When Fr. Miguel Hidalgo’s army – a congregation of criollos, mestizos, indios, and mulatos – marched to Guanajuato to capture this strategic state, the Archbishop of Mexico, Antonio de Lizana y Beaumont, rapidly circulated a pastoral letter warning the inhabitants of Nueva España (now Mexico) about the “once brilliant star” of the clergy who had morphed into “another Lucifer.” Archbishop Lizana declared that “because of the insubordination and fraternal hatred that moves Fr. Hidalgo, he cannot be called a Christian; he has violated the law and the doctrines of Jesus Christ…” Fr. Miguel Hidalgo was denounced as the anti-Christ who “will cause us to lose our America.”
The year was 1810, October to be precise. Way before the births of Jose Rizal, Andres Bonifacio, Apolinario Mabini and Antonio Luna, all of Spain’s colonies in Central and South America were engulfed in the most widespread, insuppressible anti-colonial independence movement that, in one way or another, affected the future of Cuba, Puerto Rico, and Las Filipinas.
One fine day, in front of the altar of his parish in Michoacân, Fr. Miguel Hidalgo announced to the gathered faithful that he would not celebrate Mass because they would all have to take arms and fight for independence. Perhaps that is an apocryphal amusing tale, but as Fr. Hidalgo marched valiantly towards Guajanuato, the Tribunal of the Holy Inquisition of Mexico had already dug into their files, leaving no page unturned, to find damning evidence against the rebellious priest.
By the early 19th century, the Tribunal of the Holy Inquisition in Mexico was no longer that active. It had not burnt anyone at stake since 1711, and its investigations were confined to banal matters involving abusive deacons, friars, parish priests, and other members of the clergy, more ridiculous than grave. It spent valuable time shifting through reports from the fringes of the Virreinato, like stories of how natives in the Philippines had idolatrous practices involving the Santo Niño. There was nothing damaging about Fr. Hidalgo in the Inquisition archives, only a malicious report about his arguing with a French theologian and how he was often invited to tertulias in the homes of the elite. He was, after all, an educated and cultured man appreciated for his wit and humor.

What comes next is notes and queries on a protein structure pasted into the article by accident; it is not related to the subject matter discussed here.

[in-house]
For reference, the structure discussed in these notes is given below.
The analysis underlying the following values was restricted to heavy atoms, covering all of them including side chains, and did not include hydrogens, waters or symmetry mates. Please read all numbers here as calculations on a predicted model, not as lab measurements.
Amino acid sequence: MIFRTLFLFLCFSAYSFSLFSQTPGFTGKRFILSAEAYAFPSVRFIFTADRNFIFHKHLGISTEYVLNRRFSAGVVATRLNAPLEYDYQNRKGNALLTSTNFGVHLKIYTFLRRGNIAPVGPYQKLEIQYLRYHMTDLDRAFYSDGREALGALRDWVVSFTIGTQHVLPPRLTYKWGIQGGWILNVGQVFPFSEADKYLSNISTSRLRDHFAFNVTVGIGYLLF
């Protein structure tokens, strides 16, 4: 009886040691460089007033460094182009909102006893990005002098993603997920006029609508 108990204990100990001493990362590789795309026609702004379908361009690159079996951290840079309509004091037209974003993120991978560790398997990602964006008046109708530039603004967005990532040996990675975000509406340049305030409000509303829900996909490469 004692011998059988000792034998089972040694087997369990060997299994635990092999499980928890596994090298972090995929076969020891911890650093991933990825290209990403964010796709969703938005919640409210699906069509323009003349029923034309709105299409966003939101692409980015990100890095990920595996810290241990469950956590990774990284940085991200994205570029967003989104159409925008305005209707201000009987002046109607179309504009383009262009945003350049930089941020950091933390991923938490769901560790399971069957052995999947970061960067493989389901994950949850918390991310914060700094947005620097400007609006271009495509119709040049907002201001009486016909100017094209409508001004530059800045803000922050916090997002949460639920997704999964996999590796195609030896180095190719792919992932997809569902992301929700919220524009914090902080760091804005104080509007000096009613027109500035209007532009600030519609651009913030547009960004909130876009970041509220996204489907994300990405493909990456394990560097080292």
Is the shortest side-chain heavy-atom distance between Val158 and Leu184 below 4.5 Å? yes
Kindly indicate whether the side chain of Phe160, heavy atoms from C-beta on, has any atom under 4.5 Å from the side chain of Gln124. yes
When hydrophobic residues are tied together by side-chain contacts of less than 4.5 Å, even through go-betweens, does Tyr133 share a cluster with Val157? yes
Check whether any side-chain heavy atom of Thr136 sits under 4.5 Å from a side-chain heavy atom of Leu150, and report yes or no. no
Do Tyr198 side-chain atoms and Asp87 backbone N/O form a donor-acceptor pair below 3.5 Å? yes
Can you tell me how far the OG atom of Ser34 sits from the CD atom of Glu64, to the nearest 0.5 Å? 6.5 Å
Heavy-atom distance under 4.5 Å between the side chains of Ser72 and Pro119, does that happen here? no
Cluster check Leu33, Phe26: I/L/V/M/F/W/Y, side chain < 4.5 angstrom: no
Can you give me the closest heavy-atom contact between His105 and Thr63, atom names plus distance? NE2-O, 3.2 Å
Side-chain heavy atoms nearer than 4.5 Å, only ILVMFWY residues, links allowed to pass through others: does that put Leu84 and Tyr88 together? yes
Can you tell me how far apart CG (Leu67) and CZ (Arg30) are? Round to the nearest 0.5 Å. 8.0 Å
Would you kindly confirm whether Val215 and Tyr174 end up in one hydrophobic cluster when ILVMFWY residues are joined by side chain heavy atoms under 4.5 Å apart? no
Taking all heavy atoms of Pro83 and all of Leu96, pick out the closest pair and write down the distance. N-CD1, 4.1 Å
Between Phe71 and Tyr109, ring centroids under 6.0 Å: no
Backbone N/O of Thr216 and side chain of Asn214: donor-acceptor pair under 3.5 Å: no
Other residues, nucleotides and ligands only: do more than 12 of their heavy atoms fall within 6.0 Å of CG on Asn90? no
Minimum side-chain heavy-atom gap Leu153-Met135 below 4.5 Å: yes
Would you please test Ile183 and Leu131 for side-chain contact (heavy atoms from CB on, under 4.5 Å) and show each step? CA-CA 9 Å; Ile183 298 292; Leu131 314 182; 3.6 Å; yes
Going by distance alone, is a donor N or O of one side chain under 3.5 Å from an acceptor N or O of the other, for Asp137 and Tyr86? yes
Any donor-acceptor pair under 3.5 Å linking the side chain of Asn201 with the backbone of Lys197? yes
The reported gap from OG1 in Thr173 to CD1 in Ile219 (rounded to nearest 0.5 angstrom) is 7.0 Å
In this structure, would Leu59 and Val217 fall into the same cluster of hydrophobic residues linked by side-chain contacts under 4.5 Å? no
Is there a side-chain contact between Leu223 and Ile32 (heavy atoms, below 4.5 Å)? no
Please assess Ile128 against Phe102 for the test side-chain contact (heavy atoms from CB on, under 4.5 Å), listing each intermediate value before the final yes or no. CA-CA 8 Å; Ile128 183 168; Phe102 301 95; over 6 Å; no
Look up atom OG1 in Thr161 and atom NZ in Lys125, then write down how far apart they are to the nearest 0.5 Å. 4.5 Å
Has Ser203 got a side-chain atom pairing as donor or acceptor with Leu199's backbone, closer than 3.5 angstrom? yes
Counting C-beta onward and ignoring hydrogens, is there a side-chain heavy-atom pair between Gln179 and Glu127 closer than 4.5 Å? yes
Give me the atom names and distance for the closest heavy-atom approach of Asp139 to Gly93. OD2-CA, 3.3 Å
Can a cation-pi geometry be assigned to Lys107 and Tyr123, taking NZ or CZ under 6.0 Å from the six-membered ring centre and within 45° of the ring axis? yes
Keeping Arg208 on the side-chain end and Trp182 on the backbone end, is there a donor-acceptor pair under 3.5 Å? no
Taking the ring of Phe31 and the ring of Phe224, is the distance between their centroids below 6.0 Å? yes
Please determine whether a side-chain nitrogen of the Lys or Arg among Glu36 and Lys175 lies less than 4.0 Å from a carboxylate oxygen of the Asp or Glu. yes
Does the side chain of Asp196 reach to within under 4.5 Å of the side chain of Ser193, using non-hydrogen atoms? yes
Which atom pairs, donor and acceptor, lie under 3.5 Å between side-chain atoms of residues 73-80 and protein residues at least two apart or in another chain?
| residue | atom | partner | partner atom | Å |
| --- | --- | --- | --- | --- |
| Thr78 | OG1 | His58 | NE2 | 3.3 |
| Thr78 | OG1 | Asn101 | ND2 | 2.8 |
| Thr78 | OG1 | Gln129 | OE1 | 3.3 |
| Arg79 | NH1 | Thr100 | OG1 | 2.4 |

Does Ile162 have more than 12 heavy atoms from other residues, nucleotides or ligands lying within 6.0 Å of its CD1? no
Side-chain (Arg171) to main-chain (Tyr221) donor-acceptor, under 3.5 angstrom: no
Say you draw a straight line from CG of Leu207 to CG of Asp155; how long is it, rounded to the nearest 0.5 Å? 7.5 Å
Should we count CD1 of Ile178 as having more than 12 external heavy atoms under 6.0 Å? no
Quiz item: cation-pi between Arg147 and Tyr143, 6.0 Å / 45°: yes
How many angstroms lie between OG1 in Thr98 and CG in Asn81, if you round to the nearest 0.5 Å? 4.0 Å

Moreover, the Supreme Council of the Holy Inquisition in Madrid had been unceremoniously dismantled during the French invasion of Spain, so its Mexican office could not recur to a higher authority. The Archbishop and the Virrey (Governor-General if Viceroy) were on their own. As expected, they embroidered on the old reports and added that Fr. Miguel Hidalgo had announced that there is no Hell, nor Purgatory, neither does Heaven exist so everyone should follow his passions. They issued an edict accusing Fr. Hidalgo of heresy; 200 copies were printed and distributed to key parishes. There were other official letters, as well as pastoral ones denouncing Hildalgo: “How can such a man inspire your confidence? The Tribunal of the Holy Inquisition has publicly excommunicated him for heresy and schism…”
When Fr. Hidalgo entered Queretaro, the parish priest there was so petrified, he hid the edicts of the Inquisition and the archbishop. Sarcastically, Fr. Hidalgo said he would soon have dinner at the Viceroy’s Palace, at the Archbishop’s residence and at the very Tribunal of the Inquisition. To this day, a popular Hidalgo saying goes: “Ni inquisidor gachupin, ni arzobispo gachupin, ni virrey gachupin, ni santo gachupin.” In Mexico, gachupin is a derogatory term for Spaniard originating from the spurs used by horsemen.
Fr. Miguell Hidalgo circulated his own letter in answer to the accusations of the Holy Inquisition. He declared that he had not lost his faith, that it remains steadfast; he is accused of heresy simply because he has taken up arms in a struggle for independence against the Spanish Empire. He also said that the members of the Holy Inqusition allowed themselves to be used by the gachupines and as for the Church, it shamelessly uses its power to promote the interests of gachupines. “They are not Catholics, they are mere politicians,” Fr.Hidalgo declared in his letter.
Fr. Hidalgo was not the only prelate who joined the Mexican anti-colonial struggle for independence; their participation was polemical, to say the least. Can rebels against Spain be good Catholics at the same time?